April 05th, 2023
Devon Gray is President of EPIC.
Editor’s Note: This article is adapted from Ending Poverty in California: A Blueprint for a Just and Inclusive Economy, a roadmap for eliminating poverty in California developed by the Stanford Center on Poverty and Inequality (lead author, David Grusky).
California’s safety net is intended to help individuals and families striving for economic mobility through programs that include unemployment benefits and assistance with basic needs like food, housing, healthcare, childcare, and more.
However, there are three main areas in which California’s safety net is failing to provide adequate supports, including::
Previously, my colleague Patrice wrote about transaction costs. In this article, I’ll review our state’s failure to provide safety net coverage for “excluded households.”
Although the safety net lifts millions of Californians out of poverty each year, gaps in eligibility or insufficient allocation of public funds keep many Californias from getting the assistance they need. The very groups that face the most extreme discrimination are often the ones who are excluded and not receiving adequate support. There are three excluded groups, in particular, that need increased access to assistance:
Let’s look at each group in turn.
Undocumented individuals have a poverty rate that is more than twice that of U.S.-born individuals, yet are often ineligible for federally-funded assistance such as CalFresh, the federal Earned Income Tax Credit, and state unemployment benefits.
Mixed-status families are often only eligible for reduced benefits, and even documented immigrants have a complicated eligibility status that depends on such factors as the year they arrived in the U.S., their current immigration status, and the number of years they’ve worked in the U.S..
The poverty rate for single adults living alone is more than twice the rate of married or cohabiting adults. That’s because adults without children receive very limited support from federal and state refundable tax credits, cash assistance (which is locally funded for California adults without children), and other programs.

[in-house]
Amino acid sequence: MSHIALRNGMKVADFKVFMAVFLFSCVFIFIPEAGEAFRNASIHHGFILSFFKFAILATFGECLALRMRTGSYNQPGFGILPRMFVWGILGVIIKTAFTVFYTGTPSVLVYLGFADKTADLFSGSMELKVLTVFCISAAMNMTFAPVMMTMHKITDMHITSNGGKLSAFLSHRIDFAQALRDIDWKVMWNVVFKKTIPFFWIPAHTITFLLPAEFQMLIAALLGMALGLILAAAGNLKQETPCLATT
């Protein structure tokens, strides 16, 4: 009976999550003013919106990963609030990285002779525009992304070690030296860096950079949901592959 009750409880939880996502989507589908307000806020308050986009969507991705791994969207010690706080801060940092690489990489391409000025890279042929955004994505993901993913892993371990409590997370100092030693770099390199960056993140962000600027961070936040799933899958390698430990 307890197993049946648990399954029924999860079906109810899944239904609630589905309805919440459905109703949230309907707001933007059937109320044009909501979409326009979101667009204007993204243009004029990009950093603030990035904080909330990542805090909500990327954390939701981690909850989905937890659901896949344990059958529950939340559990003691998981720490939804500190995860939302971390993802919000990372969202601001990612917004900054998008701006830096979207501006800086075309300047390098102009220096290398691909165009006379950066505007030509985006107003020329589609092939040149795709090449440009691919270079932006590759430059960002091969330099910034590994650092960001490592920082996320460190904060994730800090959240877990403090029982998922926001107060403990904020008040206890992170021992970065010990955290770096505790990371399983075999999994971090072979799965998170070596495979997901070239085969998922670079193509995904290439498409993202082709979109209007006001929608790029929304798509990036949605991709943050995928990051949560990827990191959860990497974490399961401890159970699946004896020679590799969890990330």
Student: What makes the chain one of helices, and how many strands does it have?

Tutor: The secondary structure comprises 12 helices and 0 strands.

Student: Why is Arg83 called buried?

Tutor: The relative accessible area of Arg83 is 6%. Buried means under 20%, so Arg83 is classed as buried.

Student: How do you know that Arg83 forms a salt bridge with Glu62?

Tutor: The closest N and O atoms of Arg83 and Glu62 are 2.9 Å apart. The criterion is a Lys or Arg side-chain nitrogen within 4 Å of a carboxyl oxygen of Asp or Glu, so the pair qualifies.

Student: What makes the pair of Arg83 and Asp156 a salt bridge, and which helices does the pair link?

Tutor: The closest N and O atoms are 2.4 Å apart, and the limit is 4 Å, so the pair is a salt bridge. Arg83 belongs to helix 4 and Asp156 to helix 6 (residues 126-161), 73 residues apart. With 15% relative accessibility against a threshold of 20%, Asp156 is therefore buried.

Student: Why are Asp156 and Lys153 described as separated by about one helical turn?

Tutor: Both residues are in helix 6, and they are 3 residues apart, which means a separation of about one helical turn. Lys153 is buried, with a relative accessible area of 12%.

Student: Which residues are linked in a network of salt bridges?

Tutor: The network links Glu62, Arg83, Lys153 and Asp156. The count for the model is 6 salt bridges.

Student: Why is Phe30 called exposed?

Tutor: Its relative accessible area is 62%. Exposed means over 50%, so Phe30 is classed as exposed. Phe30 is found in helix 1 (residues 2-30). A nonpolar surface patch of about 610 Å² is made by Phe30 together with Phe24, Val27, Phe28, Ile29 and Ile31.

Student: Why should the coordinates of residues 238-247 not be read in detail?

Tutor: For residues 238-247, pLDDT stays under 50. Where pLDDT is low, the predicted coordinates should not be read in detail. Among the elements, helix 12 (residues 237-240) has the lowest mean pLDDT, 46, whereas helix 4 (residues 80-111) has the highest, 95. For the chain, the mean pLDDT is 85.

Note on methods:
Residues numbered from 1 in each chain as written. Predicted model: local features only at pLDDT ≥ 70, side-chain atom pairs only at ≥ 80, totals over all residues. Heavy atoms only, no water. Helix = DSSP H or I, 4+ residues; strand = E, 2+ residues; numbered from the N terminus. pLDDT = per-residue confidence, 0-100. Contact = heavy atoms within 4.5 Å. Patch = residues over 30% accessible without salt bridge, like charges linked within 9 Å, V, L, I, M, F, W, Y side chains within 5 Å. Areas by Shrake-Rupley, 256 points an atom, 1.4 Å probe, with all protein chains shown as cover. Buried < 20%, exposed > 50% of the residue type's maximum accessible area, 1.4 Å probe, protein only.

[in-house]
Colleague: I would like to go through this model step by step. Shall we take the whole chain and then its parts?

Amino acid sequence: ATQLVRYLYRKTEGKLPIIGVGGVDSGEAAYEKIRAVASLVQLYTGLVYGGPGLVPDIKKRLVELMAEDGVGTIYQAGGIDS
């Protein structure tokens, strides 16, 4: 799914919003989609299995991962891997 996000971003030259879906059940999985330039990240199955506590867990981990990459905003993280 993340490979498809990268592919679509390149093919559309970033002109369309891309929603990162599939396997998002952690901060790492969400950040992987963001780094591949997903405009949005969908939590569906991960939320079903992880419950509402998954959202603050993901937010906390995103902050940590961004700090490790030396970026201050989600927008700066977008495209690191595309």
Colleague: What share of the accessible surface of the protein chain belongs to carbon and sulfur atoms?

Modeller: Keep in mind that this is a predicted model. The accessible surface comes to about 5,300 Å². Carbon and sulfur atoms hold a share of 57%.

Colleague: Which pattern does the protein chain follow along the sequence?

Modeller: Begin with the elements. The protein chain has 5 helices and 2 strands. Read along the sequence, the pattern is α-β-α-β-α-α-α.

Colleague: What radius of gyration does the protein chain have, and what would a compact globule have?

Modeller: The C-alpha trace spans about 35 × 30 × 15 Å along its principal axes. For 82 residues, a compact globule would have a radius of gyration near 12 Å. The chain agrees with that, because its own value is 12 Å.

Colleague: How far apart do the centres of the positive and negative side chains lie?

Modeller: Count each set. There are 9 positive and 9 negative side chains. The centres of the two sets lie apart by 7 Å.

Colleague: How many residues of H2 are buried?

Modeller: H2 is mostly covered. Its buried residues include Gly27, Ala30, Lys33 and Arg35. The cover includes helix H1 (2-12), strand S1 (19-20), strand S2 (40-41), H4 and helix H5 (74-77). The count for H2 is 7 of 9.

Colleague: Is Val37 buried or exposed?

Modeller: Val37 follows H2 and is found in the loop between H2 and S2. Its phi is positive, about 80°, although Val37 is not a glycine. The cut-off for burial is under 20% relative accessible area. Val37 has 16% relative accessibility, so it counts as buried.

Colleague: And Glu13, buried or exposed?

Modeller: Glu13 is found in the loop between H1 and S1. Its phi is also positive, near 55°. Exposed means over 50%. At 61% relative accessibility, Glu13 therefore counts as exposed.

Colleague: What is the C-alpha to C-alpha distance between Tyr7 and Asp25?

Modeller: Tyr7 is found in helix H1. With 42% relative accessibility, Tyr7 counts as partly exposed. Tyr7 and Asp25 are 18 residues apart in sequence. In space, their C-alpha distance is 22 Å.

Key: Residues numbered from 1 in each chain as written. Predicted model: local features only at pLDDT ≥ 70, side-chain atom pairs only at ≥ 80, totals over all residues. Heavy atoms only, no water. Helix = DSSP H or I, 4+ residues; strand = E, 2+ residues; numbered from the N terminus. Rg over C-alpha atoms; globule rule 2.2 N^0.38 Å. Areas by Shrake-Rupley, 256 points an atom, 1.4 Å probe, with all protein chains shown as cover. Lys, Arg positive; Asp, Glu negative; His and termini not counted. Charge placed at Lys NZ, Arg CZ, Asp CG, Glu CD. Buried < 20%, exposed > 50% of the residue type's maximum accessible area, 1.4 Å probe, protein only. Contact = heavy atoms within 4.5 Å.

Federal and state programs are increasingly set up to assist families that are well-attached to the labor force. As a result, the poverty gap between households with only part-time workers (or no workers at all) and households with at least one full-time, full-year worker is growing.
Because of this, the California’s safety net chronically underserves many groups with persistent labor market challenges, including:
These people are often excluded from the labor market, then failed again by the safety net.
The safety net is intended to kick in when our labor market and other institutions fail, but it implicitly treats low-income populations, including those outlined above, as undeserving of assistance.
This result arises, at least in part, because California is shackled to federal rules and guidelines. The largest safety net programs are federally funded (either wholly or primarily) and incorporate eligibility rules and implementation guidelines set by the federal government. Though the most straightforward solution would be to address these federal problems with federal reforms, such action is not likely to happen in the near future. As such, we need fallback solutions.
What sort of solutions should California explore?
One fallback is to use local and state funds to operate parallel programs that provide support to excluded individuals, thereby compensating for the federal shortfalls. Examples include California’s Young Child Tax Credit created for families with low incomes and at least one child under age 6, as well as the California Earned Income Tax Credit. The Golden State Stimulus payments also provided some relief to excluded populations during the pandemic. A guaranteed income would insure a minimum income floor for everyone and we should look at the local pilots underway across the state to demonstrate how we can achieve that.
In some instances, the relevant eligibility requirements and budgeting shortfalls can be directly addressed when they are under state (rather than federal) control. We see this with the historic expansion of Medi-Cal to include all undocumented people and CalFresh to include undocumented people ages 55 and older.
The safety net, as it is currently configured, is not fully meeting its charge to help individuals and families access the basic needs we all need to survive.
Extending benefits to excluded populations requires us to reform eligibility rules and provide parallel state-funded programs as well.
We must include undocumented and mixed-status households in our safety net programs; offer support to households without workers or with part-time workers; increase supports for adults not living with children; and supplement existing safety net programs with a guaranteed income which would ensure an income floor for everyone.